Ice Network

Virtue, Moir return to new ice dance landscape

Coaches, teams weigh in on impact of Olympic medalists' comeback
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The return of 2010 Olympic champions Tessa Virtue and Scott Moir will most directly affect the Canadian dance teams that have progressed during the team's two-year absence. -Sarah S. Brannen

Tessa Virtue and Scott Moir had a bird's-eye view of the action at the 2016 World Figure Skating Championships in Boston last week as ice dance analysts for CBC. The three-time Olympic medalists, who plan to return to competition for the 2016-17 season, gained a big takeaway.

"We have a lot of work to do," Scott Moir told icenetwork's Nick McCarvel.

Moir is right. No one is ready to cede any hard-won ground to Canada's 2010 Olympic gold medalists, who have not competed since winning silver behind Meryl Davis and Charlie White at the 2014 Olympic Winter Games in Sochi.

Virtue and Moir announced plans in February to train in Montreal under Marie-France Dubreuil and Patrice "Patch" Lauzon, meaning they will practice alongside two-time world champions Gabriella Papadakis and Guillaume Cizeron of France. Marina Zoueva, who coached the couple in Canton, Michigan, from 2003 through Sochi, has a wait-and-see attitude toward her former students' comeback.

"People asked me this after Meryl and Charlie, and Tessa and Scott finished their careers (in Sochi), and I just said their era is kind of done," Zoueva said. "They did a revolution in ice dance. If they want to show something else, something new, probably they can skate. I don't know. They have to start competing, that is number one. First, you have to see them."

Maurizio Margaglio worked with Zoueva as a technical consultant, helping to train the Canadians in their compulsory pattern dances, including the Yankee Polka and Finnstep. He viewed their situation with sympathetic eyes. The 2001 world champion, he and partner Barbara Fusar-Poli retired in 2002 after winning Olympic bronze, but returned to competition for the 2006 Torino Olympics in their home country of Italy. They placed sixth.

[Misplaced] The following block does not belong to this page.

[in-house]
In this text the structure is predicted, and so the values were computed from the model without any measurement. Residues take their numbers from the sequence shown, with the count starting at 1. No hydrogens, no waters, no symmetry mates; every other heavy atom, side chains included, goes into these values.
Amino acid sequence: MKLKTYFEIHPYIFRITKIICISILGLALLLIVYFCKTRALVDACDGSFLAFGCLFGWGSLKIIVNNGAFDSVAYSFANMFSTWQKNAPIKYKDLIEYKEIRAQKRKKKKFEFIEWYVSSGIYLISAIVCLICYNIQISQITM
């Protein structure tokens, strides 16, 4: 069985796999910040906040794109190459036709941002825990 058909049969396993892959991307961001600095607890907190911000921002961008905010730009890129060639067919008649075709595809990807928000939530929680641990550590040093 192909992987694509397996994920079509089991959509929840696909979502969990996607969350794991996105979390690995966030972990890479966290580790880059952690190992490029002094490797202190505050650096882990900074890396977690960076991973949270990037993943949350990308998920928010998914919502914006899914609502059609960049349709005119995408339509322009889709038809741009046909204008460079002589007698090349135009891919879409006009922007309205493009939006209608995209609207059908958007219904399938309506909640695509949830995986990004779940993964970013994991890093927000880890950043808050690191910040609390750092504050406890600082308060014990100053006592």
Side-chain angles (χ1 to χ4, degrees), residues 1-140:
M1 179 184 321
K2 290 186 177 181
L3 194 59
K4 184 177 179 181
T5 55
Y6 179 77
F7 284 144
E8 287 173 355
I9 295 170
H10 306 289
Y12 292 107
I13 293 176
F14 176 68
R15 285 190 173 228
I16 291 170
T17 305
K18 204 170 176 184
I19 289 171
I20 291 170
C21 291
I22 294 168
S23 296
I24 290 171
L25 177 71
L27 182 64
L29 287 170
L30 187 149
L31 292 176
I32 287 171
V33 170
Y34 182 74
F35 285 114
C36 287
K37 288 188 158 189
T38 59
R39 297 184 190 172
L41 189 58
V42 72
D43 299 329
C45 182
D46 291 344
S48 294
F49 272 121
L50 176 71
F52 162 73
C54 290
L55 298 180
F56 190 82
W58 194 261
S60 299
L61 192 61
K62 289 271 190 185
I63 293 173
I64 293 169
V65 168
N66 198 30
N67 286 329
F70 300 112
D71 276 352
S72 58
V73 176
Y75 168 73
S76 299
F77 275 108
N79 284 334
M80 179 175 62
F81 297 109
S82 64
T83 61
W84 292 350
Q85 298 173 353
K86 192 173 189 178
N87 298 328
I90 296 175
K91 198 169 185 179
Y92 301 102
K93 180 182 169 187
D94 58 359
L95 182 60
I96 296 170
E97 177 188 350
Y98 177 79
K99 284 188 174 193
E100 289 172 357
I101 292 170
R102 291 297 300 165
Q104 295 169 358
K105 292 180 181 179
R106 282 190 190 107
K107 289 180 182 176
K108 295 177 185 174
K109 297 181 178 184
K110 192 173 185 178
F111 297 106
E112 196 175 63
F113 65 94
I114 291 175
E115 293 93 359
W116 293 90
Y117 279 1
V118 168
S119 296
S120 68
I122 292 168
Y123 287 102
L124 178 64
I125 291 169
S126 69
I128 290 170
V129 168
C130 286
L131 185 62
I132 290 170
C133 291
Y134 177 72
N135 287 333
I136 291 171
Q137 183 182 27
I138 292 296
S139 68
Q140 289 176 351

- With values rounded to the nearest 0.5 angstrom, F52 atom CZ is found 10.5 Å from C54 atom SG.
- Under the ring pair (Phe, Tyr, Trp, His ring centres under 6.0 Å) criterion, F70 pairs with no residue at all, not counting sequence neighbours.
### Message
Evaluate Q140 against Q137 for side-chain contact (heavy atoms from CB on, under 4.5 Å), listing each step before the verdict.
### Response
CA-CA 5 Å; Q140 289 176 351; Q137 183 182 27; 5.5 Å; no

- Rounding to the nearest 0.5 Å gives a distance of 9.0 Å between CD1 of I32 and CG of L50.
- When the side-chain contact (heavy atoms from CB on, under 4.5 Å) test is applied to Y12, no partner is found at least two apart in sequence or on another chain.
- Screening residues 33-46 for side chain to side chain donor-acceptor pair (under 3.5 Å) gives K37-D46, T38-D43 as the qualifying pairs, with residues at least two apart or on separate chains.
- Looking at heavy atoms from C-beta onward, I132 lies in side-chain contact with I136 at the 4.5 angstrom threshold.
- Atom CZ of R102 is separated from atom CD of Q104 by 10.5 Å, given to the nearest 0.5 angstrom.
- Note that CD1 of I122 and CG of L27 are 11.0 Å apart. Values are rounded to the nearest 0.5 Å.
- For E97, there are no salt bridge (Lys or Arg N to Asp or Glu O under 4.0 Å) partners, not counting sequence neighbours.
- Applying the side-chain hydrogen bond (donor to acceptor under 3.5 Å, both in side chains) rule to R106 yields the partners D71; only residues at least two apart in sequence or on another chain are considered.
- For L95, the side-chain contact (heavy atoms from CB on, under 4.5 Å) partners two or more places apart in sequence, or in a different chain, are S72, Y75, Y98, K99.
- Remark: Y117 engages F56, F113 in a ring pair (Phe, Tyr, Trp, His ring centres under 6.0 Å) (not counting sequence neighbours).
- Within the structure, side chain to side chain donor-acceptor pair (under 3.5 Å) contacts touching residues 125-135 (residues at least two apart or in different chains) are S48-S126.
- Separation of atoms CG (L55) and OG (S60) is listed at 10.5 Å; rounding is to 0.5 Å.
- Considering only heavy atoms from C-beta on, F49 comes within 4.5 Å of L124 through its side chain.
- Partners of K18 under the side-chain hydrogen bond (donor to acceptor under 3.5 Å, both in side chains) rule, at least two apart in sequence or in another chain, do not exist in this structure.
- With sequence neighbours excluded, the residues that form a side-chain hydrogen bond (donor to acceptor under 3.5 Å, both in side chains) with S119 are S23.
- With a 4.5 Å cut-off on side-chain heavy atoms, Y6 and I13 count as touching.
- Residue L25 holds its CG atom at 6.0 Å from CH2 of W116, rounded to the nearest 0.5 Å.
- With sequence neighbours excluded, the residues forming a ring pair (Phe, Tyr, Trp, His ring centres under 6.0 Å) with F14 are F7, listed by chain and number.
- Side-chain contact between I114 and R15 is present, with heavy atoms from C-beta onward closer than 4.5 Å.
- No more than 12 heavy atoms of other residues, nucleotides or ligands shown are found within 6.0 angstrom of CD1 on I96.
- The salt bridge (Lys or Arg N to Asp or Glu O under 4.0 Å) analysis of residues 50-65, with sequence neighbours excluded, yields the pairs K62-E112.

"I have big, big respect for them," Margaglio said. "It is such a personal decision, and you have to make it for yourself and not listen to anyone else. I am sure they are feeling fire inside and thinking, 'I have to do it.' The worst would be to not try, and then regret it."

When asked about their competitive prospects, Margaglio agreed with Zoueva.

"It is difficult to forecast or predict; after all, if we knew the future, we wouldn't have competitions," he said. "It is no longer the era of Tessa and Scott, and Meryl and Charlie, and that has opened up a new point of view to many other couples. There is a new, modern way. If [Tessa and Scott] renovate themselves, they can do it."

Virtue and Moir's return has the biggest potential impact on their fellow Canadians, including Kaitlyn Weaver and Andrew Poje, winners of two Canadian titles and two world medals since Sochi.

"It was a surprise; we weren't aware of it," Poje said in Boston. "But our focus is competing against the very best we can compete against, right now."

"We've filed it for the future, if that. It's all about us right now," Weaver said.

Juris Razgulajevs, who with Carol Lane coaches Canadian silver medalists Piper Gilles and Paul Poirier, expressed satisfaction that Canada has three ice dance spots for the 2017 World Championships. (Weaver and Poje placed fifth in Boston, and Gilles and Poirier were eighth.)

"We are sitting solid in second position, so we're still good," Razgulajevs said. "We will see how it goes. Everybody was improving while [Virtue and Moir] were sitting for two years mostly out."

"The middle pack of skaters will think they have less of a chance now, but they still need to go and fight," he continued. "Maybe it will inspire people to work harder."

The top two U.S. teams, Maia Shibutani and Alex Shibutani, and Madison Chock and Evan Bates, trained alongside Virtue and Moir for years in Canton. Neither admitted to giving the Canadians' return much thought.

"We've learned in our careers that we really just have to stay focused on our own journey, our own improvement (because) that's all you can control," Maia said. "For us, we feel the momentum we've built this season."

"It's really about us. We're focused on our own journey," Chock said.

Madison Hubbell and Zachary Donohue, who will train alongside Virtue and Moir in Quebec, were the most enthused about the return. Hubbell and Donohue placed a career-best sixth in Boston.

"I find it inspiring having another really great team there," Hubbell said. "We can learn things from them and vice versa. They want to learn things from us, I think."

Donohue was particularly excited about training with Moir, with whom he shared the ice years ago in Canton.

"He's got incredible technique. He's got a way of feeling the music. He's got a charisma that's more important than the other two (qualities)," Donohue said. "He has that, the same way Guillaume has beautiful artistry that only Guillaume can ever have. It's just that special spark that really makes you want to watch and emulate and train yourself up to that level. Not to mention, the dude is funny as heck."

As they did for many years in Canton, Virtue and Moir will once again train alongside the couple marked as their top competition for world and Olympic gold. Papadakis and Cizeron, who set a new free dance world record score in Boston, welcomed the Canadians to Quebec with open arms.

"It is a great advantage having them there to push us," Cizeron said. "We are pretty happy to be able to train with them. We didn't really compete with them much, just once on our first year in senior."

"We've seen them a little bit, and we also did the Art on Ice tour with them," Papadakis said. "They are nice (people)."